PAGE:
States Have Always Held the Power Over Our Reproductive Rights

We don’t need to wait for Roe v. Wade to be dismantled. We need a political surge at the state level to not only ensure our rights but to also see a future where women are trusted.  

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Demonstrators rally against anti-abortion and voter suppression laws at the Texas State Capitol on October 2, 2021 in Austin, Texas. The Women’s March and other groups organized marches across the country to protest the new abortion law in Texas. (Montinique Monroe / Getty Images)

Roe v. Wade will be dismantled. It is not a matter of if, but rather when

Experts expect Roe v. Wade to be overturned with the decision of Dobbs v. Jackson Women’s Health Organization, a case currently being considered by the Supreme Court regarding a Mississippi law that bans abortion after 15 weeks of pregnancy, with a decision expected this summer.

Through Roe v. Wade, the Supreme Court recognized a woman’s right to make decisions about her pregnancy, justifying constitutional protections. It is critical to understand that the Court determined the right to privacy is not absolute and that states have varying interests in safeguarding maternal health and potential life. For example, a state may prohibit abortion after viability—approximately 23-24 weeks—but allow exceptions when it is necessary to protect the woman’s life or well-being.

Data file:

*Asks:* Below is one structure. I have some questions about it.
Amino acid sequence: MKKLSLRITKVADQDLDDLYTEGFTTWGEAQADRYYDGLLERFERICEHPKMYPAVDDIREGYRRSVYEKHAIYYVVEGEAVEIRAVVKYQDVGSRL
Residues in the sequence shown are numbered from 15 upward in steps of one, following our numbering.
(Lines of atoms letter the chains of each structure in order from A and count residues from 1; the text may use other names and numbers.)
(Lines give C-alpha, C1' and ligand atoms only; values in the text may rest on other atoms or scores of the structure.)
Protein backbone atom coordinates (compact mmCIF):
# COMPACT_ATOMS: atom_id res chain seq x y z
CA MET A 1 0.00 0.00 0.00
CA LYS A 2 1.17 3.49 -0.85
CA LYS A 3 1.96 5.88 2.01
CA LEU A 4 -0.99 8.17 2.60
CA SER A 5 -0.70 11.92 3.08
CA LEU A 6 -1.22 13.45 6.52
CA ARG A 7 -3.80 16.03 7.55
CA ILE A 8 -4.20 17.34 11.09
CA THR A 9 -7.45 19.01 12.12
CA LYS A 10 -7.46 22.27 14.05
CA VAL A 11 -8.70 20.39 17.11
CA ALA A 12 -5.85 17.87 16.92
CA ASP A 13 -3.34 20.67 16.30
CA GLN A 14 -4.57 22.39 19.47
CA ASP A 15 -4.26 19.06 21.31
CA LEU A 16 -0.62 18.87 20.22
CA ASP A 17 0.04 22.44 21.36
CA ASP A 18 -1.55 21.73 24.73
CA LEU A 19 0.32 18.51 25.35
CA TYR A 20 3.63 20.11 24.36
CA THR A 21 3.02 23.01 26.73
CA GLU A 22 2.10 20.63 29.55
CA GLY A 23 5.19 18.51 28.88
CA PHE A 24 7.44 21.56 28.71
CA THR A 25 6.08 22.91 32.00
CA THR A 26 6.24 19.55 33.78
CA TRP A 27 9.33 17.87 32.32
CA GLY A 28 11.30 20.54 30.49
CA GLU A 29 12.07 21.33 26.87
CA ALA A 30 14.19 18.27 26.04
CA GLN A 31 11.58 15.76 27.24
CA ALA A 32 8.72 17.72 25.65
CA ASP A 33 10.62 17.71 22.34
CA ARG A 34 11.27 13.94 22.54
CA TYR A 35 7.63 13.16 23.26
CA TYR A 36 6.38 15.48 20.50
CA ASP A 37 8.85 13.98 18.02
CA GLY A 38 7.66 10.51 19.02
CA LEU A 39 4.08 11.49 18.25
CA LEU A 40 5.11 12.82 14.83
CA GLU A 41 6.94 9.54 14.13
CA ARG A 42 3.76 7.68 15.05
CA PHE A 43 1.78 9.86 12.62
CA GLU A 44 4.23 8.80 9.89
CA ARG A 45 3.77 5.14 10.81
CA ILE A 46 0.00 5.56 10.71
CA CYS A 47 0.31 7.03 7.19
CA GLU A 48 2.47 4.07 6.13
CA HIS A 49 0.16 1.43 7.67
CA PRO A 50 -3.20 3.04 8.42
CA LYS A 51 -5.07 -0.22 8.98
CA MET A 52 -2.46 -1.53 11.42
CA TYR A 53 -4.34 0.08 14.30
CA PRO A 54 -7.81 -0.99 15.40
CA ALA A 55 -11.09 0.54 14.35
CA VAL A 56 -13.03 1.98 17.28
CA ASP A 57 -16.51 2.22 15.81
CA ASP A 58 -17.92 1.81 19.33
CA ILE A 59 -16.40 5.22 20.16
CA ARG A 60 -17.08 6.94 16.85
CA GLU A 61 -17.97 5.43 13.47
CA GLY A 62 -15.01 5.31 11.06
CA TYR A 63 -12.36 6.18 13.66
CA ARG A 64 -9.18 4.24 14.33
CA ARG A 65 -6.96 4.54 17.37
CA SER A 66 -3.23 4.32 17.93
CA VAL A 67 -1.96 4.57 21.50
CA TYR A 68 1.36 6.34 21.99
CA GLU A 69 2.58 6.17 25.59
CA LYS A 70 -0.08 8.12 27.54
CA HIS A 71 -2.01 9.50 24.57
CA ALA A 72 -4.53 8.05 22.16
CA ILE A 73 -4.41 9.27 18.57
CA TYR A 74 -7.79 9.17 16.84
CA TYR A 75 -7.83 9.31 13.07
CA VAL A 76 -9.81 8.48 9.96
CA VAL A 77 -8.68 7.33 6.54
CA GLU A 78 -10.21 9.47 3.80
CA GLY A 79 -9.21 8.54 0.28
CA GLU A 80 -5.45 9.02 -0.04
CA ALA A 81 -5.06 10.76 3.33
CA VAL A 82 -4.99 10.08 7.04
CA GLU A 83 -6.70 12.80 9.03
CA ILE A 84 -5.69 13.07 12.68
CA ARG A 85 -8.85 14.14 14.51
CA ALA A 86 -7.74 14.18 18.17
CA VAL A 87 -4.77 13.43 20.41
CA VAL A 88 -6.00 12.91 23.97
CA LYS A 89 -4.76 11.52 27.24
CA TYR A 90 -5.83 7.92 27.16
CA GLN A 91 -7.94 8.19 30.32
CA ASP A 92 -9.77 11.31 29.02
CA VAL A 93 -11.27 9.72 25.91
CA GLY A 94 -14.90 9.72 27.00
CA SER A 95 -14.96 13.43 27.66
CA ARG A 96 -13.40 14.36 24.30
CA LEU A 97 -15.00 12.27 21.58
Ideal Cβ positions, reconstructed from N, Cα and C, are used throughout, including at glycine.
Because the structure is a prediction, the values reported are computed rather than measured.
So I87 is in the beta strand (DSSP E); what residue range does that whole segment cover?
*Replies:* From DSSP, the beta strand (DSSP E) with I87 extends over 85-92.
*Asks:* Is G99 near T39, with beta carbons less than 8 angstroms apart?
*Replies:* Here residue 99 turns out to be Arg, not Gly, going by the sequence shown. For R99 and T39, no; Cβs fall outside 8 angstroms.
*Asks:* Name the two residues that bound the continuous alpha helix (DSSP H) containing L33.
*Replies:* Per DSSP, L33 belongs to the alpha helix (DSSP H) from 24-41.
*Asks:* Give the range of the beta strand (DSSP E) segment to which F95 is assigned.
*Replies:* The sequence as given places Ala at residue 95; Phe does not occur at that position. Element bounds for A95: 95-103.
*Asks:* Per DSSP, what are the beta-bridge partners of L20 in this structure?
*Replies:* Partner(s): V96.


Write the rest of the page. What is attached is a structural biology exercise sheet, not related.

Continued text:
Then in 1992, the Planned Parenthood v. Casey decision, while credited with saving Roe, further solidified a state’s ability to interfere in reproductive rights by allowing states to pass restrictions as long as they did not place an “undue burden” on the right to an abortion. State legislators and anti-abortion proponents have been testing the boundaries of “undue burden” through legislation and the courts, eroding abortion access ever since. Lawmakers have been able to enact 483 abortion restrictions in the last 10 years alone. This is more than one third of the 1,360 restrictions passed by states since 1973, according to a policy analysis from the Guttmacher Institute, a research and policy organization focused on advancing sexual and reproductive health and rights worldwide. 

In 1992, the Supreme Court solidified a state’s ability to interfere in reproductive rights as long as they did not place an “undue burden” on the right to an abortion. State legislators and anti-abortion proponents have been testing the boundaries ever since.

The work to chip away at abortion access has only been expedited with the Trump administration’s three Supreme Court appointmentts: Neil Gorsuch in 2017, Brett Kavanaugh in 2018 and Amy Coney Barrett in 2020, moving the court to a conservative majority.

Despite Roe v. Wade legalizing abortion at the federal level, the restrictions enacted in the states—from requiring (and denying) admitting privileges for doctors; constraints in insurance coverage; mandatory waiting periods; erroneous restrictions on clinics forcing them to close their doors and more—is where the power over reproductive rights has long resided.